A Demon of Our Own Design: Markets, Hedge Funds, and the Perils of Financial Innovation
Why do markets keep crashing and why are financial crises greater than ever before? As the risk manager to some of the leading firms on Wall Street–from Morgan Stanley to Salomon and Citigroup–and a member of some of the world’s largest hedge funds, from Moore Capital to Ziff Brothers and FrontPoint Partners, Rick Bookstaber has seen the ghost inside the machine and vividly shows us a world that is even riskier than we think. The very things done to make markets safer, have, in fact, created a world that is far more dangerous. From the 1987 crash to Citigroup closing the Salomon Arb unit, from staggering losses at UBS to the demise of Long-Term Capital Management, Bookstaber gives readers a front row seat to the management decisions made by some of the most powerful financial figures in the world that led to catastrophe, and describes the impact of his own activities on markets and market crashes. Much of the innovation of the last 30 years has wreaked havoc on the markets and cost trillions of dollars. A Demon of Our Own Design tells the story of man’s attempt to manage market risk and what it has wrought. In the process of showing what we have done, Bookstaber shines a light on what the future holds for a world where capital and power have moved from Wall Street institutions to elite and highly leveraged hedge funds.
About the Author.
CHAPTER 1 ~ Introduction: The Paradox of Market Risk.
CHAPTER 2 ~ The Demons of ’87.
CHAPTER 3 ~ A New Sheriff in Town.
CHAPTER 4 ~ How Salomon Rolled the Dice and Lost.
CHAPTER 5 ~ They Bought Salomon, Then They Killed It.
CHAPTER 6 ~ Long-Term Capital Management Rides the Leverage Cycle to Hell.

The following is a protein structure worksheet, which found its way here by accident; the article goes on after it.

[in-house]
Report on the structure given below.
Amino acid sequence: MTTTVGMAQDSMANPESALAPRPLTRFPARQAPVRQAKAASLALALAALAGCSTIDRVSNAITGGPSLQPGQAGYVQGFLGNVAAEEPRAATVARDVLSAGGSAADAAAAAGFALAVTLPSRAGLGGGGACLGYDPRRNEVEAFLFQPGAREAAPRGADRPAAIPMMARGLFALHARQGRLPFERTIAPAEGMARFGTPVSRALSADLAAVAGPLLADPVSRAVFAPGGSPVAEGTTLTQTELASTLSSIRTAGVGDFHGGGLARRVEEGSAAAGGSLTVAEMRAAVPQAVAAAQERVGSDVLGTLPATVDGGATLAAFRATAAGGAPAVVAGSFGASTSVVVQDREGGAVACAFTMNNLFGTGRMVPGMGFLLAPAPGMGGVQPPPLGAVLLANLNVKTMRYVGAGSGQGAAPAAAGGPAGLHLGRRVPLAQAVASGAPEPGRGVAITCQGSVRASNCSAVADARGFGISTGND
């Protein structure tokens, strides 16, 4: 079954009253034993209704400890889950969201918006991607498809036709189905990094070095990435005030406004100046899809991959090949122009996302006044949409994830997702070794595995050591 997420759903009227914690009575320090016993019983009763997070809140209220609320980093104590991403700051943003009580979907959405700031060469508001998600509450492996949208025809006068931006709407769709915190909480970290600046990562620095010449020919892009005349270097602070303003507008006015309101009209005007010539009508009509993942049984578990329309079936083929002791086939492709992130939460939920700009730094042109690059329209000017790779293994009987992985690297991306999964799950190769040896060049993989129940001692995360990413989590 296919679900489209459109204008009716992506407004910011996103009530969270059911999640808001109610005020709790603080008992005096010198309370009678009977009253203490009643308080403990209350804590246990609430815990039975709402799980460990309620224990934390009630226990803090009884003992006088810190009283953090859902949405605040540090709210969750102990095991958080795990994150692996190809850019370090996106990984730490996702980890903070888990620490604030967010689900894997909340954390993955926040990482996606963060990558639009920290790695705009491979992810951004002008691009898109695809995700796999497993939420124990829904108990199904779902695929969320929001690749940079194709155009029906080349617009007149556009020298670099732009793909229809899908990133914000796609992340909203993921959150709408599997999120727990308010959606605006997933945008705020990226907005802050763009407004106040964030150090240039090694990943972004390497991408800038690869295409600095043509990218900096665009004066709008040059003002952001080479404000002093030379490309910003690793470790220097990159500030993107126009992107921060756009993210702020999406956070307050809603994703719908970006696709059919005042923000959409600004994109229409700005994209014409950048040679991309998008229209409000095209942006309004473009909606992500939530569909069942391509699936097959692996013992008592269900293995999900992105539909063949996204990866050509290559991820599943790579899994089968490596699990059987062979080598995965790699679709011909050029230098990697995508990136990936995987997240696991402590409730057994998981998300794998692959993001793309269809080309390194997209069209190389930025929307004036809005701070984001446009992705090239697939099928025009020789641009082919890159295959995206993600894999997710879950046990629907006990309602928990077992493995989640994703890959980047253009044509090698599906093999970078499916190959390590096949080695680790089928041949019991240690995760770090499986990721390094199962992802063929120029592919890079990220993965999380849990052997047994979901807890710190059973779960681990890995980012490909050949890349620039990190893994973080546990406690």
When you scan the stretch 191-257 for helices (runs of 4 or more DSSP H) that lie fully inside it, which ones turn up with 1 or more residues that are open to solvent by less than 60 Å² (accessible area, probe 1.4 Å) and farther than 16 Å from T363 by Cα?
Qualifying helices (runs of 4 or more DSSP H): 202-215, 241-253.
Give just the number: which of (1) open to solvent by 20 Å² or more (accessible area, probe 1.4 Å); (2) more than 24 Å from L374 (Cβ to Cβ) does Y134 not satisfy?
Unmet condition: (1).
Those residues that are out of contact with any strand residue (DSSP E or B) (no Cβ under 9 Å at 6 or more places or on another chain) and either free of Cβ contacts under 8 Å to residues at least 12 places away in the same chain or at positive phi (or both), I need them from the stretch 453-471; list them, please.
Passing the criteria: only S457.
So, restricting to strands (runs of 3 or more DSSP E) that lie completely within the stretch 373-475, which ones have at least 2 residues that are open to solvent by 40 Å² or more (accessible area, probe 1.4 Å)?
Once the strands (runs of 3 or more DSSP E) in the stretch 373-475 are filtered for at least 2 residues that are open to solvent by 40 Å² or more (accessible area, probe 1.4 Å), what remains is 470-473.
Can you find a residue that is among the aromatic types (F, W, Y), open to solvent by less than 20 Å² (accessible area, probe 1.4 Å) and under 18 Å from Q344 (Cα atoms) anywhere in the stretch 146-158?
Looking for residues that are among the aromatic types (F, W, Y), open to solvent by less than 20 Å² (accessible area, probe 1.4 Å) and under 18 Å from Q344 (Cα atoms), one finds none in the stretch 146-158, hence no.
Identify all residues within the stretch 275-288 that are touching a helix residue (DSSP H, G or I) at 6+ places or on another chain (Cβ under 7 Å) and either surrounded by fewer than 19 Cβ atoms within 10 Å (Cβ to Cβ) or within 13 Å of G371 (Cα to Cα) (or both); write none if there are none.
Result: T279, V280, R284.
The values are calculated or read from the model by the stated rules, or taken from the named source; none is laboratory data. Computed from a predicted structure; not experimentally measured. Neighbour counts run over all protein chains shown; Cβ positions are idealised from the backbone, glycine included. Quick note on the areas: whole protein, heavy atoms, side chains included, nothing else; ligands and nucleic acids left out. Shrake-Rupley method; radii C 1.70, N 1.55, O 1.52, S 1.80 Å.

CHAPTER 7 ~ Colossus.
CHAPTER 8 ~ Complexity, Tight Coupling, and Normal Accidents.
CHAPTER 9 ~ The Brave New World of Hedge Funds.
CHAPTER 10 ~ Cockroaches and Hedge Funds.
CHAPTER 11 ~ Hedge Fund Existential.
Conclusion: Built to Crash?
Richard Bookstaber ran an equity hedge fund at FrontPoint Partners and was the director of risk management at Ziff Brothers Investments and at Moore Capital Management, one of the largest hedge funds in the world. He served as the managing director in charge of firm-wide risk management at Salomon Brothers and was a member of Salomon's powerful Risk Management Committee. Mr. Bookstaber also spent ten years at Morgan Stanley in quantitative research and as a proprietary trader, concluding his tenure there as Morgan Stanley's first market risk manager. He is the author of three books and scores of articles on finance topics ranging from options theory to risk management. Bookstaber received a PhD in economics from MIT. He now works at a hedge fund in Connecticut.
"A risk-management maven who's been on Wall Street for decades…Bookstaber's book shows us some complex strategies that very smart people followed to seemingly reduce risk—but that led to huge losses." (Newsweek)